New London in New London County, Connecticut — The American Northeast (New England)
On this rocky and windy promontory overlooking the Thames River, more than two hundred years of military history have unfolded. The history of this place and those who served here reflects strategic and technological developments from the American Revolution through the cold war.
From 1775, when Connecticut was a colony preparing to defend itself against British oppression, through the standoff with the Soviet Union in the second half of the twentieth century, the activities and fortification of this site illustrate the evolution of American defense.
Three successive forts were built on this neck of land to protect New London Harbor in the eighteenth and nineteenth centuries. In the twentieth century, the site became both a training facility, for the U.S. Coast Guard and the U.S. Merchant Marine, and a vital center for top-secret scientific research in two world wars and for several more decades, into the 1990s.
Erected by Fort Trumbull State Park.
Location. 41° 20.62′ N, 72° 5.653′ W. Marker is in New London, Connecticut, in New London County. Marker can be reached from East Street, on the left when traveling south. Click for map. Marker is located in Fort Trumbull State Park, at the
Other nearby markers. At least 8 other markers are within walking distance of this marker. The Barracks (within shouting distance of this marker); Parade Ground (within shouting distance of this marker); Fort Trumbull (within shouting distance of this marker); Fort Interiors (within shouting distance of this marker); American Revolution (within shouting distance of this marker); War of 1812 (within shouting distance of this marker); South Battery (within shouting distance of this marker); The Third System (within shouting distance of this marker). Click for a list of all markers in New London.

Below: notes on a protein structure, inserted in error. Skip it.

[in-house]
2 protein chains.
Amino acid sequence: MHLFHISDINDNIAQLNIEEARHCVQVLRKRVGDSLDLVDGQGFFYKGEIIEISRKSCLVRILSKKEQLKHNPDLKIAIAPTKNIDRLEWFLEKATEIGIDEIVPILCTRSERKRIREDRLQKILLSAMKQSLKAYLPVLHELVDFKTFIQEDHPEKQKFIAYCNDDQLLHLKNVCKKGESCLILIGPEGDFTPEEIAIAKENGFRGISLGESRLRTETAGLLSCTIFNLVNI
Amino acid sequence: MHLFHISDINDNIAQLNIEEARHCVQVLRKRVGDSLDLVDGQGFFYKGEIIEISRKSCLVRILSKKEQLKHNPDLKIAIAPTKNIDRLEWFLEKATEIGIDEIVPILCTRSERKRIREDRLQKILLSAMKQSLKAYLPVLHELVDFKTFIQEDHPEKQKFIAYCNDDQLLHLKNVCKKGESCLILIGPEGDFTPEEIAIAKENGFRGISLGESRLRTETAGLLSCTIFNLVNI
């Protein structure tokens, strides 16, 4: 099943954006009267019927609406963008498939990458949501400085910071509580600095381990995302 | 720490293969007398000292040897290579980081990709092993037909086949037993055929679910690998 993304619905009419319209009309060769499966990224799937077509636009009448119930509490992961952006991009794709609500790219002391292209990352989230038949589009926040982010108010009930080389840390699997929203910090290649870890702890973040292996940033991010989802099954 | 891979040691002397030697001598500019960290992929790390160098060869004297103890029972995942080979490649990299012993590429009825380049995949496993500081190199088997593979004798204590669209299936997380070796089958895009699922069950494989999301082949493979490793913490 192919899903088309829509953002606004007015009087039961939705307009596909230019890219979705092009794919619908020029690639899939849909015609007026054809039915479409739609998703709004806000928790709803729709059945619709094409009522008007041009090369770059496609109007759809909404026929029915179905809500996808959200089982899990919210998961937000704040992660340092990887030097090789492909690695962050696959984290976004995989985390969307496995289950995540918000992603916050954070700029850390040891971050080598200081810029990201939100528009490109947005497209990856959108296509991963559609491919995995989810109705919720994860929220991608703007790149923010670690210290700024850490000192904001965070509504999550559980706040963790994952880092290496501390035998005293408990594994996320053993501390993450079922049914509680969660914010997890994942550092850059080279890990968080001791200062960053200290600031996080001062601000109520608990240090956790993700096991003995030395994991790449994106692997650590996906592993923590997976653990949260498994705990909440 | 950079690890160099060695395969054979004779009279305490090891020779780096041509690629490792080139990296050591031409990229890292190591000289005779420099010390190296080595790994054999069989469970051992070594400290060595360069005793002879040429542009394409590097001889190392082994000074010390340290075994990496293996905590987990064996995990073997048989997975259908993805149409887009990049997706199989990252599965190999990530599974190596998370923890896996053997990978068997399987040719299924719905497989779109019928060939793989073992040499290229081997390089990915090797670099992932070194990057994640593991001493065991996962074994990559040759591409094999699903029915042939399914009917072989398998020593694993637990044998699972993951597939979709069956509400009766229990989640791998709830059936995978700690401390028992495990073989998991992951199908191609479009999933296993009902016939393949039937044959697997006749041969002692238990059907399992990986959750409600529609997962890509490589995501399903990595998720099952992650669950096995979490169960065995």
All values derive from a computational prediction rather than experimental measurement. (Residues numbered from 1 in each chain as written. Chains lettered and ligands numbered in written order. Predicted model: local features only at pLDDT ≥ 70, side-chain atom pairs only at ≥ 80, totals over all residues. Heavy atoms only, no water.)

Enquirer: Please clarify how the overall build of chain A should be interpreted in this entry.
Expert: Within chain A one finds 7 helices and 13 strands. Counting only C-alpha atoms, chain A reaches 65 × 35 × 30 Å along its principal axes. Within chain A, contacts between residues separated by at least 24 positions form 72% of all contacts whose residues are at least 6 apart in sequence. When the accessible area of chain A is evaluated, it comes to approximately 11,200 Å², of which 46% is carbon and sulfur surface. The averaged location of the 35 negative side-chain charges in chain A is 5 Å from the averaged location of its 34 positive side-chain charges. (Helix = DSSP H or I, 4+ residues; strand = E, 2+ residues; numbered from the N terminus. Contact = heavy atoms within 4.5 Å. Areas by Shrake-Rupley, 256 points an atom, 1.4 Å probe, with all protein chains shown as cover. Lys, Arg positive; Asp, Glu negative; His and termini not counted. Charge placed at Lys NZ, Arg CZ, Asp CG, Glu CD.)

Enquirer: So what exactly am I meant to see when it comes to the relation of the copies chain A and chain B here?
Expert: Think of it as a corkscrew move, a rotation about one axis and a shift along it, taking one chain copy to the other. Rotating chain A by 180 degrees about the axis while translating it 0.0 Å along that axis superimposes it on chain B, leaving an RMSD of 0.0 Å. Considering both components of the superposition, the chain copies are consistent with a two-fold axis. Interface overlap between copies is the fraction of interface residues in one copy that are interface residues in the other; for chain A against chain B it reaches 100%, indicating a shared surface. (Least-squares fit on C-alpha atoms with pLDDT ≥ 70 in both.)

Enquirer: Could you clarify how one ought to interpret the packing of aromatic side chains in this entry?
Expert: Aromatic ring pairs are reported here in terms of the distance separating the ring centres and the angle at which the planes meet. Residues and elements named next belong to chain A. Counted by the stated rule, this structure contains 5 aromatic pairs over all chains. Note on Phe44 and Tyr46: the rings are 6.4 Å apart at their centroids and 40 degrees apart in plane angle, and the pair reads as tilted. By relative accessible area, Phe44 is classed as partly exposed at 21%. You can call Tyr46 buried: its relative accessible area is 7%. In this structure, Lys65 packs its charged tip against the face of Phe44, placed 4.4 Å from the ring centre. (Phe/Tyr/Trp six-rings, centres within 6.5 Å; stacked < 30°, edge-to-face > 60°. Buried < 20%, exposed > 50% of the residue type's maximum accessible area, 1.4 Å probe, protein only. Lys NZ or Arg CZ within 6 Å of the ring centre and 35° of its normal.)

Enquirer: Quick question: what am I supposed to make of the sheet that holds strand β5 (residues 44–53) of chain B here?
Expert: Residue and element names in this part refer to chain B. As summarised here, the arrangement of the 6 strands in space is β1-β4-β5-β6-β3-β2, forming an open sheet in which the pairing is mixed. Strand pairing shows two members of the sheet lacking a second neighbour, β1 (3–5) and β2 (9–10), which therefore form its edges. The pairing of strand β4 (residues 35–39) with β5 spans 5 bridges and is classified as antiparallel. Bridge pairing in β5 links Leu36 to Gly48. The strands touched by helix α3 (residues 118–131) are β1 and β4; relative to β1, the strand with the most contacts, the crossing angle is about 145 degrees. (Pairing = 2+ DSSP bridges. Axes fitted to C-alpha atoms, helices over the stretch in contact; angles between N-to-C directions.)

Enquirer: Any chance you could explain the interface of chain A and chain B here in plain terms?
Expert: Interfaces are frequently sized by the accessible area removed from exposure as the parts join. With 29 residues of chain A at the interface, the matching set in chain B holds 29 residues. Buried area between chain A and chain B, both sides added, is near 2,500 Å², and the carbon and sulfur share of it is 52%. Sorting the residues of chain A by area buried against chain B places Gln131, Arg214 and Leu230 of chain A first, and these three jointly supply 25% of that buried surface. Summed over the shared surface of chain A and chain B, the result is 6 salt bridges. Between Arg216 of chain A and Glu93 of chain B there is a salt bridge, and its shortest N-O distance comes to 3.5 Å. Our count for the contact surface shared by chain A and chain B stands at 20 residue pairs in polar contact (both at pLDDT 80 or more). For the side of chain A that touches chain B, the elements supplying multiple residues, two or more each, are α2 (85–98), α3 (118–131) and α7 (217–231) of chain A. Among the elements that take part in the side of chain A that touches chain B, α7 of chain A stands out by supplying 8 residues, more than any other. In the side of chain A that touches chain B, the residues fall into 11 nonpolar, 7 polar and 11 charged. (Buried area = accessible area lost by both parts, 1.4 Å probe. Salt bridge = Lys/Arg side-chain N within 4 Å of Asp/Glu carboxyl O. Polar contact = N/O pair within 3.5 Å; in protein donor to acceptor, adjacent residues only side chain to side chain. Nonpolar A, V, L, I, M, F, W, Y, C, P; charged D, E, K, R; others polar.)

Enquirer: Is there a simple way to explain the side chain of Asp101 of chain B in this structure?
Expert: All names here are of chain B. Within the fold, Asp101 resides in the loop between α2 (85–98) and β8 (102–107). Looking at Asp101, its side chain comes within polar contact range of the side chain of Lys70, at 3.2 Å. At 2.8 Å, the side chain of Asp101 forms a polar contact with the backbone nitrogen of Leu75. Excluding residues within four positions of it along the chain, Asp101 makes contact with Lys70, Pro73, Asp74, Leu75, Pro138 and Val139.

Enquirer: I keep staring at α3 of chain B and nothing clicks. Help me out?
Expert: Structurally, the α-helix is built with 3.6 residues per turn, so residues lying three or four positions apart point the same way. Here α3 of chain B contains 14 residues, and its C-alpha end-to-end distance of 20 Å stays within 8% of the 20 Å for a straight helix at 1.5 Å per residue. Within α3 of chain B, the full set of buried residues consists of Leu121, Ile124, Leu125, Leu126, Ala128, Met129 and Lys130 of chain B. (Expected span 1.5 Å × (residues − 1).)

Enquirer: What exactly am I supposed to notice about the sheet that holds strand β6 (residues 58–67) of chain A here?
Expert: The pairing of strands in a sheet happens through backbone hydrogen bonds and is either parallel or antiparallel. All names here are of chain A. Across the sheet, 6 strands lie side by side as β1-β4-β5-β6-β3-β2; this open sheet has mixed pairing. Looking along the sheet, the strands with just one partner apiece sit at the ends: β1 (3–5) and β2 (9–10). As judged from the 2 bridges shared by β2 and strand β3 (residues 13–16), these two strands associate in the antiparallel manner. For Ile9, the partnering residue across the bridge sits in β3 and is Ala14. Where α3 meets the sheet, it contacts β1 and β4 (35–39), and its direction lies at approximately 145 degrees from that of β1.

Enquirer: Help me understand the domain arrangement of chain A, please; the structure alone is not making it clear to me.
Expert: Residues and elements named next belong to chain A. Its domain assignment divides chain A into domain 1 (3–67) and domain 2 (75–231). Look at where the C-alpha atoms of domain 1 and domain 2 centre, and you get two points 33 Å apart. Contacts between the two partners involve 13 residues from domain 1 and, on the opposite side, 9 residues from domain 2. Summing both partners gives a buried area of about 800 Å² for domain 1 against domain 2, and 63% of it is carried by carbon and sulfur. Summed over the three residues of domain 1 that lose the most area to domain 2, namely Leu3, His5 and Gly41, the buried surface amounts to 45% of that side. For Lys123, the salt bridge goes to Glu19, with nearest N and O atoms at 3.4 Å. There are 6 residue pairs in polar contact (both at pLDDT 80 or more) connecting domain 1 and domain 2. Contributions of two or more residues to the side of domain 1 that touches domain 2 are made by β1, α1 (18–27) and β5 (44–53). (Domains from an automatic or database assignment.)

More about this marker. An illustration on the lower left of the marker depicts Fort Trumbull and the surrounding area. The location of the marker is noted, as well as other features of the site.
A map of Mamacock Point on the Thames River appears on the right of the marker. It has a caption of “This map shows the original outline of this promontory, known as Mamacock, before some coves and inlets were filled in. Mamacock, is an Algonquian word, defined in the seventeenth century as meaning a point of land bending like a hook.”
Also see . . . History of Fort Trumbull. Friends of Fort Trumbull website. (Submitted on October 23, 2011, by Bill Coughlin of North Arlington, New Jersey.)
Categories. • Forts, Castles •
Credits. This page originally submitted on , by Bill Coughlin of North Arlington, New Jersey. This page has been viewed 271 times since then. Photos: 1, 2, 3, 4, 5. submitted on , by Bill Coughlin of North Arlington, New Jersey. This page was last revised on June 16, 2016.